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8. “It’s OK to be upset.”  Permitting children to experience their feelings is important to developing their sense of self and security. “Kids have a lot of emotions and outbursts, and sometimes they don’t understand why,” said Kramer Arsenault. “Just explaining and teaching them that it’s OK to feel upset is an important lesson.”

9. “Can you choose a better word to use?” Talking back or potty talk can be alarming. For example, parents may experience their potty-training kid suddenly expressing themselves with colorful (and inappropriate) language like “poopy-head.” Fortunately, the American Academy of Pediatrics assures that this is a normal developmental stage, and parents should avoid overreacting or making light of unwanted language. Instead, encourage problem solving and finding better, more appropriate language to use.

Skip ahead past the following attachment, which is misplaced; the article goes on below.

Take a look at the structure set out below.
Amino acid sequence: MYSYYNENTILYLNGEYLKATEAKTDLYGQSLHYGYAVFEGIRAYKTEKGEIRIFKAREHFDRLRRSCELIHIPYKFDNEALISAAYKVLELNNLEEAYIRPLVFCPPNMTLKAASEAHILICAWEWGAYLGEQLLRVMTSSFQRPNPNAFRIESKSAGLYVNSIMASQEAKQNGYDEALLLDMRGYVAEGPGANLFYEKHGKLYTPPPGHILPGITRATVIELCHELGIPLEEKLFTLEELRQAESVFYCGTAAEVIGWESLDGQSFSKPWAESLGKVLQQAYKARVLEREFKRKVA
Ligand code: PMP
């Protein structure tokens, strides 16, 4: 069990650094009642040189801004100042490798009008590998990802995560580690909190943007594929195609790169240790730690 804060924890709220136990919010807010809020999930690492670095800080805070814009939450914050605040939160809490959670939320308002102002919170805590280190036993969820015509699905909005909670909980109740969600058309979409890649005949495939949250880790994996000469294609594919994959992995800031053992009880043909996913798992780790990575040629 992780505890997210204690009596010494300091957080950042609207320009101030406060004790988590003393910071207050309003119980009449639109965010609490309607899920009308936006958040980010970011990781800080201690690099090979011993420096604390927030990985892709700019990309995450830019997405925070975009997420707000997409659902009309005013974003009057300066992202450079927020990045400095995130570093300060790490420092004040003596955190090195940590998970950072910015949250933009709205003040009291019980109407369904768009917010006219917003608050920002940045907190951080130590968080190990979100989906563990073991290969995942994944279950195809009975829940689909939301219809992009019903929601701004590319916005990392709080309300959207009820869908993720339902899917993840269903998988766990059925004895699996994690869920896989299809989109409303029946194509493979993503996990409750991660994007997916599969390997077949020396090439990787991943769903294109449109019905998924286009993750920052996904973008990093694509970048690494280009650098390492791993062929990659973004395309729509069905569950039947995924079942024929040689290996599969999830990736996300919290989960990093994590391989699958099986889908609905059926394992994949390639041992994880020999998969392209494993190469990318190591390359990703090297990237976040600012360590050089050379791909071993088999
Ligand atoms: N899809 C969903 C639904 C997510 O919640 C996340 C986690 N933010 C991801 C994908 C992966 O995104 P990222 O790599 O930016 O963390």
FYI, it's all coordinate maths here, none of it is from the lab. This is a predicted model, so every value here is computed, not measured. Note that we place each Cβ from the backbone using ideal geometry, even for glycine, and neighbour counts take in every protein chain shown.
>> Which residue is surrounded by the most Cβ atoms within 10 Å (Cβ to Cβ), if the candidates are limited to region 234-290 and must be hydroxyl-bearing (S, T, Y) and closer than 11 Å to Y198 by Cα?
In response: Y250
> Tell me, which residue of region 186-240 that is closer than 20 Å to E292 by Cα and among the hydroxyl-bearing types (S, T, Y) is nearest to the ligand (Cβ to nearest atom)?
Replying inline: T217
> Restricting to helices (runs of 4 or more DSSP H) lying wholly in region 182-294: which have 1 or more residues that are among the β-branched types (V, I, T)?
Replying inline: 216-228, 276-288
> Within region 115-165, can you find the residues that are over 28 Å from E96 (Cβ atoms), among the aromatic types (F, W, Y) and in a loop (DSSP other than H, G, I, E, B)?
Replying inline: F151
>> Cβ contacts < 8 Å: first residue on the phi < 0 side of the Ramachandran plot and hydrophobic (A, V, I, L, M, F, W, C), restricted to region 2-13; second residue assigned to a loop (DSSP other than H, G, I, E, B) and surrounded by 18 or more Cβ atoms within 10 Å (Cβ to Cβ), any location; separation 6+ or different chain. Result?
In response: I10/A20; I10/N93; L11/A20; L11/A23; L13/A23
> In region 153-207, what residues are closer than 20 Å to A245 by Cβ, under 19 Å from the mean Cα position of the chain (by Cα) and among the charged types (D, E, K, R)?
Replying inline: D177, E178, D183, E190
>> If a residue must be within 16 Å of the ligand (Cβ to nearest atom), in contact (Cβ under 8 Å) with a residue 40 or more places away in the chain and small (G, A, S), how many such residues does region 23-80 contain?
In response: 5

10. Sometimes, silence is golden. While there are serious misbehaviors that should never be ignored—including aggression or anything that puts a child or others in harm’s way—selectively ignoring relatively minor, negative attention-seeking actions, such as whining, temper tantrums and talking back, may help to curtail those problematic behaviors in children. According to research, positive reinforcement through praise and support along with consistency and clarity results in greater emotional stability and health of children.

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When words fail, Boston Baby Nurse & Nanny’s Carole Kramer Arsenault suggested three simple reminders: 

  1. Parents need to better educate themselves to appropriate, positive disciplining.
  2. Parents can build trust with their children through consistency and clarity.
  3. Lastly, and most importantly, parents should model the behavior they want from their children.

—Kipp Jarecke-Cheng

 

RELATED STORIES: 

This Is the Best Way to Calm an Anxious Child, New Research Confirms

11 Positive Parenting Tactics to Try First—Before You Lose Your Cool

14 Calming Things to Tell Yourself (Before You Lose It!)